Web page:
Maybe moving to the "Dark Side" (because you guys have cookies :-))

T3chM@nT3chM@n Registered Users Posts: 3 ■□□□□□□□□□
Hey guys,

I'm a Network Security Engineer (Cisco security appliances), and I've been dying to dig into pen testing. I'm looking on recommendations on where to start, materials, certs, etc. I've hear Sec+ is almost pointless from some, but I'm open to options. I'm definitely certification oriented, gives me a goal to go after, it's difficult for me to just "tinker" with some things certain times unless there is a solid goal at the end.



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    636-555-3226636-555-3226 Member Posts: 975 ■■■■■□□□□□
    Everybody is moving into pentesting! Like, for real! Another year or two that market will be supersaturated - a good opportunity for blue teamers!!

    Start with Security+. It'll give you the broad range of exposure to infosec. It sounds like you might be too narrowly focused at the moment, so I'd brush up on the basics for everything. It also helps with the resume (altho not so much for pentesting) and is a cheap/easy thing to get under your belt quickly

    If you need someone to recommend a security track for you:

    Security+ > EJPT > ECPPT > GPEN > OSCP > GWAPT > GXPN > GMOB - the "G" certs is where it starts to get expensive. OSCP takes a LOT of work. SANS also has some non-certification hacking courses that are good, and I'd start to insert them after GXPN & consider those before the GMOB.

    Also start to follow all of the major hacking tool creators on Twitter to get updates on their tools & know when they've made cool new tools to play with. You'll get that list once you get into your studies. Play with those tools in your own lab and become a master of them. Also start to work on your command-line kung fu. Windows, *nix, scripting, PowerShell, and Python. Command-line kung fu mastery is an absolute necessity if you want to do this for a living.
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    LonerVampLonerVamp Member Posts: 518 ■■■■■■■■□□
    You've got some technical certs already, which probably means you have some work experience. Feel free to get your Security+, but I feel like this will be beneath you. You could look into EJPT, CEH, or even start down the path for CISSP. OSCP if you really want to dive into the deep end. I add CEH (Certified Ethical Hacker) since it should give you more information than Security+ and is attainable as a sort of pen test entry level style of cert. Just don't expect to get a job off it alone. And if you have money and/or training dollars, GPEN would be a great start.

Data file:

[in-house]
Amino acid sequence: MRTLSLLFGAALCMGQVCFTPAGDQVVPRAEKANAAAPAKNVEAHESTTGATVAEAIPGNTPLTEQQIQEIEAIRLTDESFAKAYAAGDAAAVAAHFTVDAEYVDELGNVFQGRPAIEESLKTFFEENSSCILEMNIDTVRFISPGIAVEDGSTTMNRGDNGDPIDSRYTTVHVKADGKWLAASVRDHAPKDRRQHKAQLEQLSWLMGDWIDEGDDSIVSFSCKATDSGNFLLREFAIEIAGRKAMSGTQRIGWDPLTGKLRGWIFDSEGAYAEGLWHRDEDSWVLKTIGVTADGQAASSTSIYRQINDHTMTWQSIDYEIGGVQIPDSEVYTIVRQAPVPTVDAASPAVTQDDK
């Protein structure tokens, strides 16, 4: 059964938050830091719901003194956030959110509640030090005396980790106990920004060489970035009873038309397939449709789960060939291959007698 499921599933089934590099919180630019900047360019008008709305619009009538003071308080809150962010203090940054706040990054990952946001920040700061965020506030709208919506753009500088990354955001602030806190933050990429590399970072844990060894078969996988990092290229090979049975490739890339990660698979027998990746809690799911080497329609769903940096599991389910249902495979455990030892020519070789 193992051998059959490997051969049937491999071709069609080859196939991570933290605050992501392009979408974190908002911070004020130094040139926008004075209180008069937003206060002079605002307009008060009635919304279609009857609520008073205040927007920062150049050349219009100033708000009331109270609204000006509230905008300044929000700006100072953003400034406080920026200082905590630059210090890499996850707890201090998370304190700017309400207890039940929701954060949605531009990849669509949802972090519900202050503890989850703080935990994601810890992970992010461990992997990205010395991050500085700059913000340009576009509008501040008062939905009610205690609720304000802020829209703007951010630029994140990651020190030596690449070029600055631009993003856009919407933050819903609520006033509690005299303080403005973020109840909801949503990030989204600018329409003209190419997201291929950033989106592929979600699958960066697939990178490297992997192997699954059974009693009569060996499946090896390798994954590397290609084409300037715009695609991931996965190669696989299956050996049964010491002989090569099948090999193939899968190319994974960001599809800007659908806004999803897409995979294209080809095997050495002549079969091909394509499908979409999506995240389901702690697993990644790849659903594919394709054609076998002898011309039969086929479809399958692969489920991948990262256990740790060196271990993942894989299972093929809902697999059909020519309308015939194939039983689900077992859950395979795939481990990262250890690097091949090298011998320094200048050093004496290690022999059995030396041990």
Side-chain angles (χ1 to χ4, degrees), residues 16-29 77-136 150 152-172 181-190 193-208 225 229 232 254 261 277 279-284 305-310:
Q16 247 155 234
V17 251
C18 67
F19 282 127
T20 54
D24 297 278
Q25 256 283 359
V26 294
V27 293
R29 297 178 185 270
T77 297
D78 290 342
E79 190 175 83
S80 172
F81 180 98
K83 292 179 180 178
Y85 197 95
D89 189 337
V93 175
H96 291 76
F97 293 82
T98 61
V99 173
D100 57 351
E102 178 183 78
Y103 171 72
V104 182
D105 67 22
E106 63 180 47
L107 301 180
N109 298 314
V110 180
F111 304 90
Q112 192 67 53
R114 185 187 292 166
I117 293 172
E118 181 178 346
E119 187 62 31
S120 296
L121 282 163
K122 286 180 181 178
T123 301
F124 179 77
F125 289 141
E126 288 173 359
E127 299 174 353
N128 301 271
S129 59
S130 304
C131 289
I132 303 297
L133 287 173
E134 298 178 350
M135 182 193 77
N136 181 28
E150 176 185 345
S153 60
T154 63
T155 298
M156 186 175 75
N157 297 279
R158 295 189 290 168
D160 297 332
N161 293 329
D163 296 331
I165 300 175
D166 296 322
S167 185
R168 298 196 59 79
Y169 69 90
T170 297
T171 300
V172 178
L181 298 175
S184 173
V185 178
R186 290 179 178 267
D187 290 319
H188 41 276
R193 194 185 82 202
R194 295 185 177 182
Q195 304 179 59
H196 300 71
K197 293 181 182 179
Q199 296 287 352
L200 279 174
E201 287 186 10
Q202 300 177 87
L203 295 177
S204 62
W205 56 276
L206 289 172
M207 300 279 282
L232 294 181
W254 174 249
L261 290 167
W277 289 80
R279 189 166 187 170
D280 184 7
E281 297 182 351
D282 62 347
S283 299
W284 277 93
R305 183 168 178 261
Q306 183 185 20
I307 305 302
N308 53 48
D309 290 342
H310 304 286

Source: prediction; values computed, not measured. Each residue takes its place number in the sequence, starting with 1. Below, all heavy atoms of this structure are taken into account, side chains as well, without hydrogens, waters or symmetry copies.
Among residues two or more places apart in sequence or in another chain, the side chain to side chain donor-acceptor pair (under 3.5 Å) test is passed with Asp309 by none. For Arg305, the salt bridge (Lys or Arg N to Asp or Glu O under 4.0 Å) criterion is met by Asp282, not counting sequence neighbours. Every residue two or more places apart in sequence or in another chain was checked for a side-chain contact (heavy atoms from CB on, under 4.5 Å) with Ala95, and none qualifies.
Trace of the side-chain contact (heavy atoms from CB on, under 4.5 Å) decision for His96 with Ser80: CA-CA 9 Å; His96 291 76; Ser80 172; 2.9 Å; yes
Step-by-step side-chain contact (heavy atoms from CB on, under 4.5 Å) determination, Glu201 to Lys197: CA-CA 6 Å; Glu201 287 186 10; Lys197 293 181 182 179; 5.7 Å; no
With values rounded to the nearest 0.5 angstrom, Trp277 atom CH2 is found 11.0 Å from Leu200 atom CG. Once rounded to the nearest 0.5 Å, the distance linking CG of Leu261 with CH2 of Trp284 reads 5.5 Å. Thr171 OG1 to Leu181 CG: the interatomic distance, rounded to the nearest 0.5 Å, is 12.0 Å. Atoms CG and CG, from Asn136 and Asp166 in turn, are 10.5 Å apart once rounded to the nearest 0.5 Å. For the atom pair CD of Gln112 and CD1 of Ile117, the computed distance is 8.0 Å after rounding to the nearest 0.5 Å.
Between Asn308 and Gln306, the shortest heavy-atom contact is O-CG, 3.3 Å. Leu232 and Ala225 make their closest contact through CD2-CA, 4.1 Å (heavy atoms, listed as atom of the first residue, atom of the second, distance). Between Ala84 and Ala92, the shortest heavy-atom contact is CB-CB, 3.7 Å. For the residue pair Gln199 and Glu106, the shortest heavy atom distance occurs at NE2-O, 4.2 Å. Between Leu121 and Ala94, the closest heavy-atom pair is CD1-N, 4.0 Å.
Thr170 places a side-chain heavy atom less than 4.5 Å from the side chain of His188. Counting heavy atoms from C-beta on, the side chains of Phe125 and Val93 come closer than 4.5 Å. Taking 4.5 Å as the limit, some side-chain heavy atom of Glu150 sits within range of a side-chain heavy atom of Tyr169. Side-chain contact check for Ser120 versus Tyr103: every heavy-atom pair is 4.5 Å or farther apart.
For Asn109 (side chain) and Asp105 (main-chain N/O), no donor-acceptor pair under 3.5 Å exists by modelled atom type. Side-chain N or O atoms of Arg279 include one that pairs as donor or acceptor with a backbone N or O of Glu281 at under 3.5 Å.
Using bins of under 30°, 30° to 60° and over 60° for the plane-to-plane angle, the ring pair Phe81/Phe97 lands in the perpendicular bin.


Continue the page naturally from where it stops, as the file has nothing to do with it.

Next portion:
Security Engineer/Analyst/Geek, Red & Blue Teams
    OSCP, GCFA, GWAPT, CISSP, OSWP, AWS SA-A, AWS Security, Sec+, Linux+, CCNA Cyber Ops, CCSK
    2021 goals: maybe AWAE or SLAE, bunch o' courses and red team labs?
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    chrisonechrisone Member Posts: 2,278 ■■■■■■■■■□
    For pentesting, based off your networking background I would do the following one year plan.

    eCPPT > OSCP

    After that, you will be experienced enough to know where you want to go from there. You can bypass the SANS stuff. It is too expensive right now for starters. The above certs will give you a solid background into pentesting and you will have a solid idea if you wish to continue in that direction, before you break the bank and spend 5 grand on just one of those SANS courses.
    Certs: CISSP, EnCE, OSCP, CRTP, eCTHPv2, eCPPT, eCIR, LFCS, CEH, SPLK-1002, SC-200, SC-300, AZ-900, AZ-500, VHL:Advanced+
    2023 Cert Goals: SC-100, eCPTX
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    T3chM@nT3chM@n Registered Users Posts: 3 ■□□□□□□□□□
    Thanks for the responses guys! Definitely have some good direction to look into!
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    McxRisleyMcxRisley Member Posts: 494 ■■■■■□□□□□
    It does seem like A LOT of people are getting into pen testing as of lately but I only see about 10% or less following through with it once they realize that its not easy. Most do eJPT and get all of that confidence and excitement built up only to be crushed by the OSCP later, which is still really just an entry level cert for pen testing. I'm not trying to discourage anyone in anyway, just giving you fair warning that the learning curving is very steep and it's not for everyone. Good luck on your journey!
    I'm not allowed to say what my previous occupation was, but let's just say it rhymes with architect.
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